But that’s just one of the multiple story strands that readers of More Than You Know will be following. Along with the relationship ups-and-downs of Eliza’s brother and Matt’s sister (not together), Eliza’s ex-beau Jeremy (handsome and rich, like Matt, but from Eliza’s upper-class world), and friends of Matt’s or Eliza’s, there are soaring or flattening career arcs – with Eliza caught between motherhood and her burgeoning fashion journalism career and Matt working with cutthroat competition (sometimes within his own office) – the siren call of the kinds of temptation that the swinging sixties and seventies were rife with, parenting struggles, and too many other plot threads to mention, all switching back and forth across each other.
Penny Vincenzi is a master of the sexy, literary potboiler. More Than You Know will be devoured by her fans, but it might not be the one to hook a new reader unless the London fashion scene is a big draw. I still recommend No Angel if you’re trying to decide whether you’ll like Penny Vincenzi or not.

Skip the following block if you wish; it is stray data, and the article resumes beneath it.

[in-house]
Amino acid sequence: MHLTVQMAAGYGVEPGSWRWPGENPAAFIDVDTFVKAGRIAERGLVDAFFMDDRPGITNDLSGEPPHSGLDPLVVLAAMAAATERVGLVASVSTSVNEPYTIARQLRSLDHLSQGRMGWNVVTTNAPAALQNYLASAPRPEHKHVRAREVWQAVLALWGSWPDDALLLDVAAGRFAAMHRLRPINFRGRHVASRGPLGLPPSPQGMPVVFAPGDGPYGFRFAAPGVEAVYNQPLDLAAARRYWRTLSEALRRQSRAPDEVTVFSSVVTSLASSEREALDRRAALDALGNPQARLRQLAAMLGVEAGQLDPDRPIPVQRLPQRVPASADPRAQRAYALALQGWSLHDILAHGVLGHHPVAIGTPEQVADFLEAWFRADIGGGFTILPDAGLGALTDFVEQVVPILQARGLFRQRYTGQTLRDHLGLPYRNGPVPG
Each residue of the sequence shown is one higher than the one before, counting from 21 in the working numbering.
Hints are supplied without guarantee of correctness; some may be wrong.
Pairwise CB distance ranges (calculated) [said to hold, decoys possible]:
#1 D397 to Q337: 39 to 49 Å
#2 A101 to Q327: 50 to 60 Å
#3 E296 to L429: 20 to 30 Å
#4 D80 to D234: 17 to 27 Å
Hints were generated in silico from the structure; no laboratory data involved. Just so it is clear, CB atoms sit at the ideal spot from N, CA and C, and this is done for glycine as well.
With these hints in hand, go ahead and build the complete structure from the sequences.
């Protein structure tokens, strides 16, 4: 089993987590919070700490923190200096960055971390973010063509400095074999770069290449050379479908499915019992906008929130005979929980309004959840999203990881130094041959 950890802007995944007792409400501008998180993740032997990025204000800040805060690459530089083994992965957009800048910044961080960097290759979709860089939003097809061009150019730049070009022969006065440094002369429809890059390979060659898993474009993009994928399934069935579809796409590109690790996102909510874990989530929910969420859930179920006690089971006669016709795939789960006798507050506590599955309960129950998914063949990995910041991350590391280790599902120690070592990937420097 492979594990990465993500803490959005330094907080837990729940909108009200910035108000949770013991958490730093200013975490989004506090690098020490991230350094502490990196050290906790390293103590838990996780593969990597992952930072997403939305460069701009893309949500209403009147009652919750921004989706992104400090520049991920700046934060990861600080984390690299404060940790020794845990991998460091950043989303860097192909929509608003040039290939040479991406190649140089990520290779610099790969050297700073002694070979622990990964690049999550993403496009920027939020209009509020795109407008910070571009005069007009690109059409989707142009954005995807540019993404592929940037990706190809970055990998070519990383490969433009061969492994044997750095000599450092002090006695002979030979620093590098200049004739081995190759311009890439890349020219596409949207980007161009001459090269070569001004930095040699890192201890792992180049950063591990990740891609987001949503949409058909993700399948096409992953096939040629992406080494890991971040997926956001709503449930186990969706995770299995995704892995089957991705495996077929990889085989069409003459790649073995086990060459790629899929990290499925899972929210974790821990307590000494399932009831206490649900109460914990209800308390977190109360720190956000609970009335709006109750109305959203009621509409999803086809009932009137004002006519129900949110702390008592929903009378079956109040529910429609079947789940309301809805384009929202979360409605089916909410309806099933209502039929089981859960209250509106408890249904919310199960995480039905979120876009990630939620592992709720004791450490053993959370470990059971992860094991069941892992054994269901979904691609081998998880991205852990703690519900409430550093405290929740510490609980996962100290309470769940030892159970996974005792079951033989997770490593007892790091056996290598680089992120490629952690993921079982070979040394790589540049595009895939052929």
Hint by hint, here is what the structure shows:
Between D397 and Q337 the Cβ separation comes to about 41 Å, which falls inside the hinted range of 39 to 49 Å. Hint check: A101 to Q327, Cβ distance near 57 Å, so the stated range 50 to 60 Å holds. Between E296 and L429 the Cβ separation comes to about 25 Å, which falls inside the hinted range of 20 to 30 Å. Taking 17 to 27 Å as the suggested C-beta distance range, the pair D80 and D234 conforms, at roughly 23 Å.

Disclosure: I received an e-galley of this book from Doubleday through NetGalley.

More Than You Know (published as The Decision in the U.K.)
Vincenzi, Penny
Doubleday
Pub Date: April 3, 2012
978-0-385-52825-2
608 pp.
a

Waiting on Wednesday

“Waiting On” Wednesday is a weekly event, hosted by Breaking the Spine, that spotlights upcoming releases we’re eagerly anticipating.

This week, my pre-publication “can’t-wait-to-read” selection is a YA book:

 

 

City of Fallen Angels
By Cassandra Clare
Publication Date: April 5